OK, first, I owe apologies to julie.howe and anonyme, and any other people I’ve offended during my busy day.

    I just got back from SW Libary, and in terms of screen visibility, these folks are correct: You really CAN see what’s on the computers in the teen area. You can see it as clear as day.

    The “privacy screens” work quite well at distances of 3 to 5 feet, but if you’re standing farther away than that, and your looking at the computer from any number of different angles, the privacy screens are useless. The privacy screens do keep passersby from “shoulder surfing,” but that’s about it.

    Granted, if someone was sitting at a computer watching porn, his body would at least partially block the view. But if he leaned over, or left the computer for a bit, you could see everything.

    me on 28th is correct in pointing out that there are a LOT of computers in the teen area, so it’s not as easy as moving them to some “empty” location. If you want to absolutely prevent kids from seeing porn at the SW Libray you’d have to do one of the following:

    1) Rearrange the shelves on the east side of building and put the teen computers in there

    2) Put filtering software on the computers in the teen area

    3) Take the teen area computers offline

    4) Do nothing.


    The next question, as far as I’m concerned, is to determine just how big of a problem this is. How often does porn leakage really occur?

    I’ve got a call in to the librarian in charge of West Seattle libraries. I’ll get back to you with her comments.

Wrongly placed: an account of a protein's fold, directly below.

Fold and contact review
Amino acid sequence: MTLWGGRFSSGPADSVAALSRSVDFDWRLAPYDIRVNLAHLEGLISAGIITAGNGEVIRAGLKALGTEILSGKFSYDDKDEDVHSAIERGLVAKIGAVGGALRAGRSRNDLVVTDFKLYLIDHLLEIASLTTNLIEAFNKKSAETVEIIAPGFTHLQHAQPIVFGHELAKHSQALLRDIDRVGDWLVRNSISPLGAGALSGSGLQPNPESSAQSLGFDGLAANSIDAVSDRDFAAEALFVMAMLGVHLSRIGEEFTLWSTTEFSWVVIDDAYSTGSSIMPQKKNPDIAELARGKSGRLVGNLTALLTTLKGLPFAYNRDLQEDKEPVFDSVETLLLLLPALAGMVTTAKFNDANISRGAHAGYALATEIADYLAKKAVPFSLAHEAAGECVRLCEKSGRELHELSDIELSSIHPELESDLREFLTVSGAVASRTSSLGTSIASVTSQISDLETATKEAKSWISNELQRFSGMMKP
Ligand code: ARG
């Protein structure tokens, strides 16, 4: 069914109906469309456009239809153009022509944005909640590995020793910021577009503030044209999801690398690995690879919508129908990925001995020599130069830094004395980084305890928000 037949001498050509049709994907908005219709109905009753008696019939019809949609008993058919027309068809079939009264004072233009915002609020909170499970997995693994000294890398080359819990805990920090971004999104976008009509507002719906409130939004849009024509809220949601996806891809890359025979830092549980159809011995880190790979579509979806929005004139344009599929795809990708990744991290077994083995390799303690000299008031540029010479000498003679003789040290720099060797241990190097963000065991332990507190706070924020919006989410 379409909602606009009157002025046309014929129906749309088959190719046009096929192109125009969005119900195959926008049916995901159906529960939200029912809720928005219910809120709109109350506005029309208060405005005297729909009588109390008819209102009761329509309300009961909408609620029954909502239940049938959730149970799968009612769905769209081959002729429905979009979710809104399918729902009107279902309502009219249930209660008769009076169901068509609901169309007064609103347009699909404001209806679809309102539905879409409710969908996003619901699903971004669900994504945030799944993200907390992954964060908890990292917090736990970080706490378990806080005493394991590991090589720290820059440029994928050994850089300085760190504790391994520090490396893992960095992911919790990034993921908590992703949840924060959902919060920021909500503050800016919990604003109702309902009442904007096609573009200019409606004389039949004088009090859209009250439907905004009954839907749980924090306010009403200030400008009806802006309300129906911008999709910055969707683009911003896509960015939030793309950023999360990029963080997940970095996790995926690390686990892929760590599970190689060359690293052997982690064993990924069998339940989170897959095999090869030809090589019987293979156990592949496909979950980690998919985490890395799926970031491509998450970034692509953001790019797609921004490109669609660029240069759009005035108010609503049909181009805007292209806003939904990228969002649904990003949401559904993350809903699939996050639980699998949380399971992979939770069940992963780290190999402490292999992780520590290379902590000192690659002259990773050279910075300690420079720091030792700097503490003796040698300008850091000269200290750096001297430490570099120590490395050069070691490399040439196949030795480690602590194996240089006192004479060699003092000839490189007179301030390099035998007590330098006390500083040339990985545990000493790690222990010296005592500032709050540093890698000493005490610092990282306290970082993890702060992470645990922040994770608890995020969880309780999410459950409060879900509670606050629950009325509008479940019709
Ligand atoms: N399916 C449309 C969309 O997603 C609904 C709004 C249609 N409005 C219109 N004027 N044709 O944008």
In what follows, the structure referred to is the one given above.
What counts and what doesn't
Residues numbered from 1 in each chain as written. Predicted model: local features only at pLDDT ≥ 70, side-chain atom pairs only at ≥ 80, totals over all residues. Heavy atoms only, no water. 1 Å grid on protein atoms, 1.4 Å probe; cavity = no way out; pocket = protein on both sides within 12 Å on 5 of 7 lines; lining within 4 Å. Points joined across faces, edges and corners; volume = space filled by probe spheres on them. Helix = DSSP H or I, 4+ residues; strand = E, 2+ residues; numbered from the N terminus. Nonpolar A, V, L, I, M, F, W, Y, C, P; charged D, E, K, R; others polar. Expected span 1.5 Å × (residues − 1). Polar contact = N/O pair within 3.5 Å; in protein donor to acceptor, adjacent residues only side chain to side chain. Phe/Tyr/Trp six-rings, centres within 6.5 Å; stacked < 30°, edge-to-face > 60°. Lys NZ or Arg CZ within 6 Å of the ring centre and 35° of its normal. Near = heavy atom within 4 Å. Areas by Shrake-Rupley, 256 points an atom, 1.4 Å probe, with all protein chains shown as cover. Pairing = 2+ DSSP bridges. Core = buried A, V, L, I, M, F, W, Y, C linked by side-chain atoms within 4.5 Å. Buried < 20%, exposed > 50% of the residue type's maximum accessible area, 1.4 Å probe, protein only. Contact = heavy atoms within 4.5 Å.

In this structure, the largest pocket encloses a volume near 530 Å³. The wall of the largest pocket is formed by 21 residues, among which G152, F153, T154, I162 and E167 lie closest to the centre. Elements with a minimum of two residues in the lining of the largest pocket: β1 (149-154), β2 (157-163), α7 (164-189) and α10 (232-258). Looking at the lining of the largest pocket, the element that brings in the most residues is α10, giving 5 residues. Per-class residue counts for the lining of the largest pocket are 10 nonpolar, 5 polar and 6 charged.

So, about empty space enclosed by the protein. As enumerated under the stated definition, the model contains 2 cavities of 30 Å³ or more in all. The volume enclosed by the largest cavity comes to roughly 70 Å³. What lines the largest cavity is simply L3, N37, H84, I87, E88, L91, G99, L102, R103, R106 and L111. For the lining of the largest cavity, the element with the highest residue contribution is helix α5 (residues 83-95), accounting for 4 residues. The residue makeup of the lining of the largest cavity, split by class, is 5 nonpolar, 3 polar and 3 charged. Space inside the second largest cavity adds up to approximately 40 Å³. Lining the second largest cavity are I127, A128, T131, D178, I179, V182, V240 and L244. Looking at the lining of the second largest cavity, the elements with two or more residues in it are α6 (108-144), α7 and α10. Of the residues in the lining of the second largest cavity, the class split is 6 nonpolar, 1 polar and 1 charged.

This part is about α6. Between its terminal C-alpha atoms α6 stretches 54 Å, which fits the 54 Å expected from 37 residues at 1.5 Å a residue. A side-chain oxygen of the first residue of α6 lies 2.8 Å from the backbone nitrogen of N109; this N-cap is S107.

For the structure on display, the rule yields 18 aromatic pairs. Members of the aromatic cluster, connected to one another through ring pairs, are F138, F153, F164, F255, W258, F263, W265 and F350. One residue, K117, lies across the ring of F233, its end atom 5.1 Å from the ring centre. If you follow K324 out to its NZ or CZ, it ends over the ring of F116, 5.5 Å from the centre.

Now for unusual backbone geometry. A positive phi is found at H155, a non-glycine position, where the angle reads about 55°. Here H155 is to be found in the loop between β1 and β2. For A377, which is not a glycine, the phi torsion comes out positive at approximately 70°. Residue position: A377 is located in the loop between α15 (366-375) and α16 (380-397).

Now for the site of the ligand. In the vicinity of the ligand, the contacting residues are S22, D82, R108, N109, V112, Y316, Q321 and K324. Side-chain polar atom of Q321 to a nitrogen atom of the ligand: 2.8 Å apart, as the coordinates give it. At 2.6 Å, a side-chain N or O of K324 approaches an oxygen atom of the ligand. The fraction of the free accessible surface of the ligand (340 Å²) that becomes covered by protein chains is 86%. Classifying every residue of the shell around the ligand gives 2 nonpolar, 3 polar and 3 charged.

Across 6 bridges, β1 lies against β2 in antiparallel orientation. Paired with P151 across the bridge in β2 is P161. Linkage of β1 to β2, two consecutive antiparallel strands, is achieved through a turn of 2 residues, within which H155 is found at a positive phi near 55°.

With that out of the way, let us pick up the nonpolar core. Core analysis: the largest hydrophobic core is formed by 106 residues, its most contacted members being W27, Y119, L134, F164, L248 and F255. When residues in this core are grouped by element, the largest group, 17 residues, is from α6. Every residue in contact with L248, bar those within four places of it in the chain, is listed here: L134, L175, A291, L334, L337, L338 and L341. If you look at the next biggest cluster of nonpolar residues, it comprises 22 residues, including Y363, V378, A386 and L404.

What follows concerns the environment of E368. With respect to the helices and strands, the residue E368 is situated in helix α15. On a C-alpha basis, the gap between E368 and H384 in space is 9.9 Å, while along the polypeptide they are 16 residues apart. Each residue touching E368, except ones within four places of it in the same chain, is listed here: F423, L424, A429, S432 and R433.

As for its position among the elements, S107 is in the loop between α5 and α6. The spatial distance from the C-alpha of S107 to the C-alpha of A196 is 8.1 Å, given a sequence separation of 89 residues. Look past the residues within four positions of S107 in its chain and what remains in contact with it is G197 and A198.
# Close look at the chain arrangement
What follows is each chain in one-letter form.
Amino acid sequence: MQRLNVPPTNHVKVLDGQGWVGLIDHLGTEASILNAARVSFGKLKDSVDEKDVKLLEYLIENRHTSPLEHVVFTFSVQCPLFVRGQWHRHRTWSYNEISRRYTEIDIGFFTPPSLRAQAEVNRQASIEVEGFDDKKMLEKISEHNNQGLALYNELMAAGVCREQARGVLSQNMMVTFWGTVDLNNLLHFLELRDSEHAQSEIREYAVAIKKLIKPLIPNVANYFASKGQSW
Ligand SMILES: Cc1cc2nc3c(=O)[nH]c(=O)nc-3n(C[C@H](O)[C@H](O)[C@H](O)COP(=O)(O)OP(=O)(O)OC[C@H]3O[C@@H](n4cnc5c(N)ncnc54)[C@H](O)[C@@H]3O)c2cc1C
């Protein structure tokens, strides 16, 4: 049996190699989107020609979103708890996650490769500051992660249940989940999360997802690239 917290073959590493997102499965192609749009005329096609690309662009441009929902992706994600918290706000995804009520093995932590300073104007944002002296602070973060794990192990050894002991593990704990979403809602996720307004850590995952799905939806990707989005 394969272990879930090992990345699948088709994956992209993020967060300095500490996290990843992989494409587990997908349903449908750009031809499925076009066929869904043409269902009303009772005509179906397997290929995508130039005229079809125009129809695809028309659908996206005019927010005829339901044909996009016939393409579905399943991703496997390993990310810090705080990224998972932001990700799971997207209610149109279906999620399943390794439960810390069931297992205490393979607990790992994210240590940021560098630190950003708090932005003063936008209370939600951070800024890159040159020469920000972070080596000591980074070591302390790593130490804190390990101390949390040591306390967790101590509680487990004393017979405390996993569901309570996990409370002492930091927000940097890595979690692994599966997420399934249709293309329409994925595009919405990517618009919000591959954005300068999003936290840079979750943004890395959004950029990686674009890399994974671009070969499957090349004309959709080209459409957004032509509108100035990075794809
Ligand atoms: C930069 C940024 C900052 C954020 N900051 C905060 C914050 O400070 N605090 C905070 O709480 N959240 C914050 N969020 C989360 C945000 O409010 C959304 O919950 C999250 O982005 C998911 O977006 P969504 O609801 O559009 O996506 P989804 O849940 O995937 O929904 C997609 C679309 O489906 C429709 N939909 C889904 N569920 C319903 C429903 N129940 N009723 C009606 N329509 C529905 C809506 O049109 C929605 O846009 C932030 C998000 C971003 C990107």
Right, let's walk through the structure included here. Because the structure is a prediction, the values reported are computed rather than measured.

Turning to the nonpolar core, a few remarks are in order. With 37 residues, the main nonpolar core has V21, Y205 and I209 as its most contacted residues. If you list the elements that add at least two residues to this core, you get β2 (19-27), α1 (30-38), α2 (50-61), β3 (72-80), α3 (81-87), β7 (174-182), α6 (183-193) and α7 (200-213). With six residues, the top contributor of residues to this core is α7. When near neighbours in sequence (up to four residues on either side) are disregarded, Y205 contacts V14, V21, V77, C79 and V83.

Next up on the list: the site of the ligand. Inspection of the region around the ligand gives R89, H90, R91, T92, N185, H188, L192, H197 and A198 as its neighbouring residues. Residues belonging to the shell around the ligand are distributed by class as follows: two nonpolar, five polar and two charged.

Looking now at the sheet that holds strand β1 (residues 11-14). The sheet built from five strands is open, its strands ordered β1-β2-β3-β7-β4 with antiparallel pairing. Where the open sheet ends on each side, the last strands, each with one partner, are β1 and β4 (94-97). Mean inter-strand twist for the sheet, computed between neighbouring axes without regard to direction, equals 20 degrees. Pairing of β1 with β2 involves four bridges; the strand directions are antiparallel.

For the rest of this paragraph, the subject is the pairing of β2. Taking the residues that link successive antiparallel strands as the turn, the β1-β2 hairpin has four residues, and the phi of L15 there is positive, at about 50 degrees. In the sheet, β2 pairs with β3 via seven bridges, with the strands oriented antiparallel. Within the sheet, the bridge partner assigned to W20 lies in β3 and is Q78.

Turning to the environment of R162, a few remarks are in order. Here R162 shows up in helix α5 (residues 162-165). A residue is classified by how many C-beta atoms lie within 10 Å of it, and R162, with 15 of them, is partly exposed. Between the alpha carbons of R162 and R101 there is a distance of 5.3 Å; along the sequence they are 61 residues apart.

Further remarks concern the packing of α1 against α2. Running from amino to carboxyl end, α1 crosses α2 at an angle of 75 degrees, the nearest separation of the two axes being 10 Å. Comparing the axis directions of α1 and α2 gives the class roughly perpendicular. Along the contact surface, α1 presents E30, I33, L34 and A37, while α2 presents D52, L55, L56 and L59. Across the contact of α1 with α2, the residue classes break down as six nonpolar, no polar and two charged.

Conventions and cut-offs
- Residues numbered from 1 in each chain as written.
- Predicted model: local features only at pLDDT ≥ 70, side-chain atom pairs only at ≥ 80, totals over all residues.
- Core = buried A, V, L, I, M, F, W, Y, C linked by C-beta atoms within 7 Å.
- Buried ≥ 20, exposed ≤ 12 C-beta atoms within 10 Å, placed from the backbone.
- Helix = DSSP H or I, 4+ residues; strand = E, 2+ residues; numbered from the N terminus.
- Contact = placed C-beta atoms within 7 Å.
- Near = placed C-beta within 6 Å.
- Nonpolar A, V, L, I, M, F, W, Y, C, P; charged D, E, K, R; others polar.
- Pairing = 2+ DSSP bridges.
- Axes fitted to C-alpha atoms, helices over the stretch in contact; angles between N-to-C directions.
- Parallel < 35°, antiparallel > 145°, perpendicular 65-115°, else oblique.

Ms. Sparkles

    Ms. Howe,

    A friend of mine read the Seattle Times article about this earlier in the week and was so incensed by the Librarian’s blasé attitude toward your complaint that he wrote to both the head Librarian and the Library Board requesting they change the policy; moved by his passion I did as well and encourage everyone who has posted comments here expressing outrage at this behavior to do so as well.

    The Washington State Supreme Court has ruled that libraries do have the right to restrict content, and that paired with the fact that the library’s goal is to promote reading and provide access to educational information should warrant the minimum response of telling Mr. Happy to move along to a more discrete viewing area. I personaly advocate content filtering because, unless there is some form of “educational porn” that I’m ignorant about, viewing internet pornography doesn’t fit either of the Library’s expressed missions.


    Participant leakage? Sorry…didn’t mean to get flippant here..just struck me as a funny choice of words…